I know that this is a possible duplicate of Is "both" singular? but the question was asked and answered more than 6 years ago and I don't want to reopen a question of 6 years ago. Also, my doubt is not solved by the answers nor by the proposed links.

So, here we are. Should I say...

  • ... both me and my brother is male or both me and my brother are male or both I and my brother is male or both I and my brother are male ?
  • ... both me and my brothers is male or both me and my brothers are male or both I and my brothers is male or both I and my brothers are male ?

I know that this can be an easy question for an English native speaker but it's not for me.

Remark: The old question was about the use of both of so it's slightly different from mine. Also, there is an answer to my case (e.g. Both me and my brother are doing our best at school) but I think that in the comments someone suggests that this answer is wrong.

closed as off-topic by Edwin Ashworth, Nigel J, Skooba, FumbleFingers, jimm101 Dec 1 '17 at 0:19

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  • Note that males sounds a bit off. Males normally means male animals. Male humans are called men. You could very well use the adjective male, but then it never gets an -s. – oerkelens Nov 26 '17 at 18:55
  • I didn't know that male could be used only as adjective in the human context. Do you think that I should modify the question? – gvgramazio Nov 26 '17 at 19:38
  • The question sounds ridiculous. 'My brother is male' surely doesn't need stating. // 'Both Jo and Peter are female' shows the natural way of phrasing this, though using the plural noun 'females' is not ungrammatical. 'Both me and my friend/s are male' is often used informally. – Edwin Ashworth Nov 26 '17 at 22:53
  • @giusva Male can be used as an adjective for humans. I was talking about the use as a noun, the way you used it in your examples. – oerkelens Nov 26 '17 at 23:08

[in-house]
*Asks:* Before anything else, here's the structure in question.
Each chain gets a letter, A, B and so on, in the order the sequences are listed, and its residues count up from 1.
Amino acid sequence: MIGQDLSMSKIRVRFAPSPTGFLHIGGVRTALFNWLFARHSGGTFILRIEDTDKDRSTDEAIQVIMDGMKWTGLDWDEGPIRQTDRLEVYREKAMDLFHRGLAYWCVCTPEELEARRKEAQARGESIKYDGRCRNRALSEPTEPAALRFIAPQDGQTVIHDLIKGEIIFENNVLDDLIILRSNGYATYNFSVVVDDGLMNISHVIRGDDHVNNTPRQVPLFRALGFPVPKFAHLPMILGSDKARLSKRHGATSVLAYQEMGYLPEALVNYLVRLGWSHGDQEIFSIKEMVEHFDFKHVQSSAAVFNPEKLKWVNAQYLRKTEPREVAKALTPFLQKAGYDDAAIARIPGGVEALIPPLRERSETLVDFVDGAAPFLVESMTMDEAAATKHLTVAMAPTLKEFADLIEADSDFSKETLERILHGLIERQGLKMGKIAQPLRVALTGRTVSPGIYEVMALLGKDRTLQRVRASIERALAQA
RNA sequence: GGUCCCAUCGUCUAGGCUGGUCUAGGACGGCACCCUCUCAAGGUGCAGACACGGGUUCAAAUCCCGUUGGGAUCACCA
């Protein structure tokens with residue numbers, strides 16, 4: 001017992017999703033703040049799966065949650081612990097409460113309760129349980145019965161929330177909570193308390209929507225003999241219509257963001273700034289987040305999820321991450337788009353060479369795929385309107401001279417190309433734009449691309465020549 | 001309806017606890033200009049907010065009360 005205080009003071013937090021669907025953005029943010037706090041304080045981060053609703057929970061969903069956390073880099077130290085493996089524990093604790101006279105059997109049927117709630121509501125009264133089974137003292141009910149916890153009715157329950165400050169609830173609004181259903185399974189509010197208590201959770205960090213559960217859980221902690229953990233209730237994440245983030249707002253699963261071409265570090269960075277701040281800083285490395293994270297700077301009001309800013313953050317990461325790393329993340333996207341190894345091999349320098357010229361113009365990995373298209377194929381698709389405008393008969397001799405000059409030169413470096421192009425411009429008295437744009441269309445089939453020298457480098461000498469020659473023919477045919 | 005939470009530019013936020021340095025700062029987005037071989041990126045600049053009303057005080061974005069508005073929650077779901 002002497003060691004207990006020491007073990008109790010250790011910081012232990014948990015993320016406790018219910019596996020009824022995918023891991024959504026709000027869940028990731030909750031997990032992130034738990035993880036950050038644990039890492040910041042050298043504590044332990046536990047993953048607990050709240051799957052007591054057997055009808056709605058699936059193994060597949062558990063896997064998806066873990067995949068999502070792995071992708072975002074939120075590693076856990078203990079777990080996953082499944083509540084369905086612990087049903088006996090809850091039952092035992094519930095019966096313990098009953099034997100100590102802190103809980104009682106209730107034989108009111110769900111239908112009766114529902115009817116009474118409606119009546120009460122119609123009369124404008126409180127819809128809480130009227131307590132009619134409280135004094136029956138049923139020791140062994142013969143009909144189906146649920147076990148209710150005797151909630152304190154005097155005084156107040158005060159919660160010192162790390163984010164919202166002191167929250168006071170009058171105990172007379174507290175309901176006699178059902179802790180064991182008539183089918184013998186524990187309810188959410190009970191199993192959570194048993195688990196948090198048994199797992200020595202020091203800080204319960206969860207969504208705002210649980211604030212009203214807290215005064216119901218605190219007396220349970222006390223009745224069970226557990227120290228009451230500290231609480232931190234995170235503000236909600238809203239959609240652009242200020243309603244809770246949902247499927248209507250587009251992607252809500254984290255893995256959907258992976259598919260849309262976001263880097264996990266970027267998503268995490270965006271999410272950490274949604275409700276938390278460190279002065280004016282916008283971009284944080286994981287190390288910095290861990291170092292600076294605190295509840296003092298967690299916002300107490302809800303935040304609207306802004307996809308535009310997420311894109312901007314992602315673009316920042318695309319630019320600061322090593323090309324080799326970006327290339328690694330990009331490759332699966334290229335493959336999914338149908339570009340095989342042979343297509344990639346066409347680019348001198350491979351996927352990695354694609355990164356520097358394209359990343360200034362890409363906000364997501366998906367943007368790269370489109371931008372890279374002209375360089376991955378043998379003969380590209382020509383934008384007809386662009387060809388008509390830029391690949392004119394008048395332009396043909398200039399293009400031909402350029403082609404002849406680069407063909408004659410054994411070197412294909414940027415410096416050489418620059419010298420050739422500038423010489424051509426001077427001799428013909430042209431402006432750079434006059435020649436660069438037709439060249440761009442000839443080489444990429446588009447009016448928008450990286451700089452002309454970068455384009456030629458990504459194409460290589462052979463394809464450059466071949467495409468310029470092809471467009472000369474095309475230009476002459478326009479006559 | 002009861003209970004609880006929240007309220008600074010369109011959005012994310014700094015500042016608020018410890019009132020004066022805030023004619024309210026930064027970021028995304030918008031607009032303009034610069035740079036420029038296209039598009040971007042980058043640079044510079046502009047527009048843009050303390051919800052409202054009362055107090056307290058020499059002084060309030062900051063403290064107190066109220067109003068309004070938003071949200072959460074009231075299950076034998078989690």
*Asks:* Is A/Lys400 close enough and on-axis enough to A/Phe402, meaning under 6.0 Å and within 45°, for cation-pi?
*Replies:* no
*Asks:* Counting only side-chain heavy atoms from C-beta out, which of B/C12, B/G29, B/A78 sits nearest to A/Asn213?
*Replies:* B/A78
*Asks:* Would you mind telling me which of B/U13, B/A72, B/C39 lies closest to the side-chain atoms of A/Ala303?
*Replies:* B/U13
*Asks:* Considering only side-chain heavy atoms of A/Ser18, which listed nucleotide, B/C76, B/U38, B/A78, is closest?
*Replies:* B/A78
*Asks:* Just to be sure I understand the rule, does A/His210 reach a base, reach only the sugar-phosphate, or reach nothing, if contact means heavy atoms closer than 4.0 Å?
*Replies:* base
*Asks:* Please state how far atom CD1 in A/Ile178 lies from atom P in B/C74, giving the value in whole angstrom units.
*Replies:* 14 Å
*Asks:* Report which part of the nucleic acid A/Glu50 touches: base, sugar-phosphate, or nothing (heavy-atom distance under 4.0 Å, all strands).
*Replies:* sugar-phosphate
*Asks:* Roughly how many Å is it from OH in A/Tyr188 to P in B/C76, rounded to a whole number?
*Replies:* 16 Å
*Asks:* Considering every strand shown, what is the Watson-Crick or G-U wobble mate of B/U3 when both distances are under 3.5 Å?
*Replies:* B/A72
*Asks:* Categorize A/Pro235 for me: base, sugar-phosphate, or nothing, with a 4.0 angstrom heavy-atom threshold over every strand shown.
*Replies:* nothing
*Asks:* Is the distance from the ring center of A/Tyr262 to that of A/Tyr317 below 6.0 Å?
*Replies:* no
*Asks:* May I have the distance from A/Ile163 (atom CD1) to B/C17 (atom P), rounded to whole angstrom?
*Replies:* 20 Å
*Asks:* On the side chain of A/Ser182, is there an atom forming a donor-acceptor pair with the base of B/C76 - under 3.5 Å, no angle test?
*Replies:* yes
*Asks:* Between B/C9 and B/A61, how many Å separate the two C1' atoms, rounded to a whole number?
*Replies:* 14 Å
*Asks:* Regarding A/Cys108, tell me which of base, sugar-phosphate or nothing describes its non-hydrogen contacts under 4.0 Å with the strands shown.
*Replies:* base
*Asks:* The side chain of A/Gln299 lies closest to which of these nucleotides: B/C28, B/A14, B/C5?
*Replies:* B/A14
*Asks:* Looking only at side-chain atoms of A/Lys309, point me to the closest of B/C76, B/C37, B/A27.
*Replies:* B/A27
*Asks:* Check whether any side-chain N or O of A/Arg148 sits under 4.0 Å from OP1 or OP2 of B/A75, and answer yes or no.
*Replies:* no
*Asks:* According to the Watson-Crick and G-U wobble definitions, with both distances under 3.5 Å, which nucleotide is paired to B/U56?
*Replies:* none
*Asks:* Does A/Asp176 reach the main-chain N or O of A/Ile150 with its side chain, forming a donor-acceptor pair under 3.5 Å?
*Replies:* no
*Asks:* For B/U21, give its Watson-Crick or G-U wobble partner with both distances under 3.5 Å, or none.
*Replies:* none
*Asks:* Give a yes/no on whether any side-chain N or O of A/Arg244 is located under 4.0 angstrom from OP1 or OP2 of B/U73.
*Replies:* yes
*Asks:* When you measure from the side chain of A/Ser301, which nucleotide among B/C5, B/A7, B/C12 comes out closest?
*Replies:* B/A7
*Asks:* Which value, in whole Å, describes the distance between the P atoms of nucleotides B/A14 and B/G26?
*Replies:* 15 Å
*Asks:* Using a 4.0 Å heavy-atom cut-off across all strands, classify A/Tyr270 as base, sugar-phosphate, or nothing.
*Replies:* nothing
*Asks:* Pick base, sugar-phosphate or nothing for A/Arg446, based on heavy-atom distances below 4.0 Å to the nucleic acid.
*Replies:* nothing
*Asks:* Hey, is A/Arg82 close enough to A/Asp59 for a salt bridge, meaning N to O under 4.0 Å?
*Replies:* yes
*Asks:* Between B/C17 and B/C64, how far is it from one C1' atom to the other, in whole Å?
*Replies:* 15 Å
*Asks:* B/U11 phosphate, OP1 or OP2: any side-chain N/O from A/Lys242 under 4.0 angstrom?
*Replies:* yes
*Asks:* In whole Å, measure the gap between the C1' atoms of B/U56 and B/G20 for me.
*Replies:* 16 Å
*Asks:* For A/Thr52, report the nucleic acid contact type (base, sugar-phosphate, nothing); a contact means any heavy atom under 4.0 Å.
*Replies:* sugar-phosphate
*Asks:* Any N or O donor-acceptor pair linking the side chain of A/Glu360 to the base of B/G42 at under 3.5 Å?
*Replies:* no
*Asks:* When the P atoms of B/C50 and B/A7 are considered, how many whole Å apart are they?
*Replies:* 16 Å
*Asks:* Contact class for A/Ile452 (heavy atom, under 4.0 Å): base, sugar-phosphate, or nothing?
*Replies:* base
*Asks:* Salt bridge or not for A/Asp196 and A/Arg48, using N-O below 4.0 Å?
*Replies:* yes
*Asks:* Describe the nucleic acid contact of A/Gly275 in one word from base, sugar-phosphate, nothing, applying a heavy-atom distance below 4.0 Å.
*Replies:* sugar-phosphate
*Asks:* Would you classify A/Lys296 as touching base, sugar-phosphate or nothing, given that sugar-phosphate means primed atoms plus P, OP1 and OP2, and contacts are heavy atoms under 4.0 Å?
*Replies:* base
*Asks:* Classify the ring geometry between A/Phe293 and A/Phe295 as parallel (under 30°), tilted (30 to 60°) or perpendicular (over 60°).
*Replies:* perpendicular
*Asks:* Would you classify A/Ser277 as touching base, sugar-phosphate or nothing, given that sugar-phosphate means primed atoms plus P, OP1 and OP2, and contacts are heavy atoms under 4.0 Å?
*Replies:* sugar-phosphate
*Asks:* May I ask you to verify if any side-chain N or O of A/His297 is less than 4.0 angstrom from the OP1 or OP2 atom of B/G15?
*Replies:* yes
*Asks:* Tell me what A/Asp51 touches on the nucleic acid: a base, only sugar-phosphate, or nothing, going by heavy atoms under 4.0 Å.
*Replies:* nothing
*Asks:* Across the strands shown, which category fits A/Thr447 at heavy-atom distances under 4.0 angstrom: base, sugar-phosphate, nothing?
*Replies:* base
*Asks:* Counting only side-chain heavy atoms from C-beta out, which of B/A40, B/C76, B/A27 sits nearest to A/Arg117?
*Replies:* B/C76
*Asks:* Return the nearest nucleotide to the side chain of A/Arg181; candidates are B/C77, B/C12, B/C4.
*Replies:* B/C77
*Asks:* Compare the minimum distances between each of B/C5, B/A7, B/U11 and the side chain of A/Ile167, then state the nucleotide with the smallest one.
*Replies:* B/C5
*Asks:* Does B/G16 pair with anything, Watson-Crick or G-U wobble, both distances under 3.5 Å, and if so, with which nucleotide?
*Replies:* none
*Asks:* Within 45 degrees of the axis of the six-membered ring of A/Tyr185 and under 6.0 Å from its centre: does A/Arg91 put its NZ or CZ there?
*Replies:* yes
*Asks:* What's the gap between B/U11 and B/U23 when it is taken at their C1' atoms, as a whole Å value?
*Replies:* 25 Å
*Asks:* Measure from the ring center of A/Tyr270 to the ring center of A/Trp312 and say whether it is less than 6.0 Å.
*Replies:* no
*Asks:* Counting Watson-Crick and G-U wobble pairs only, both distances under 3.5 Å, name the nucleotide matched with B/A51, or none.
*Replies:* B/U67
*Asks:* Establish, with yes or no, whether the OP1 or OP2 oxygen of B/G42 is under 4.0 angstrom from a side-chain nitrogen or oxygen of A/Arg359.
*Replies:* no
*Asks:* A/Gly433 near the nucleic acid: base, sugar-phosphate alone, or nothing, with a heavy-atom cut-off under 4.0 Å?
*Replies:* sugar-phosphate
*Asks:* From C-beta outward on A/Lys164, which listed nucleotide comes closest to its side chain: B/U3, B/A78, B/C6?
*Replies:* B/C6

• @EdwinAshworth It's an example. It doesn't need to be a serious example. It is used only to check the rules of singular/plural and nominative/oblique. It's obvious that a brother implicitly is also a male. – gvgramazio Nov 27 '17 at 21:40

In colloquial speech, it is common to say, "Me and my brother are ..." However, it is technically incorrect as both my brother and I are the subjects of this sentence. It is more grammatically correct to say:

"Both my brother and I are male."

A good way to catch this common error is to break apart the compound subject and try each one alone in the sentence (with the appropriate verb):

"My brother is male." CORRECT

"Me am male." WRONG

"I am male." CORRECT

As oerkelens suggests, you can use male as an adjective. I also switched the positions of the subjects because it sounds more natural to put oneself at the end of a compound subject.

  • Did you changed the order of the subjects in order to avoid cacophony or for a specific reason? I mean, if it's correct to say Both my brother and I are male is also correct Both I and my brother are male? If not, please tell me why. – gvgramazio Nov 27 '17 at 21:48
  • Both statements are grammatically correct. To my ear, I and my brother sounds either antiquated or poetic, but there's no rule saying you can't order it that way. Here's a short post which talks about this very issue: grammarphobia.com/blog/2012/01/me-and-you.html – pablopaul Nov 27 '17 at 22:19
  • I understand now. In the link there is also a reference to politeness. I am always surprised when I find new examples of how courtesy is intrinsic in English and not an optional thing. – gvgramazio Nov 29 '17 at 11:31

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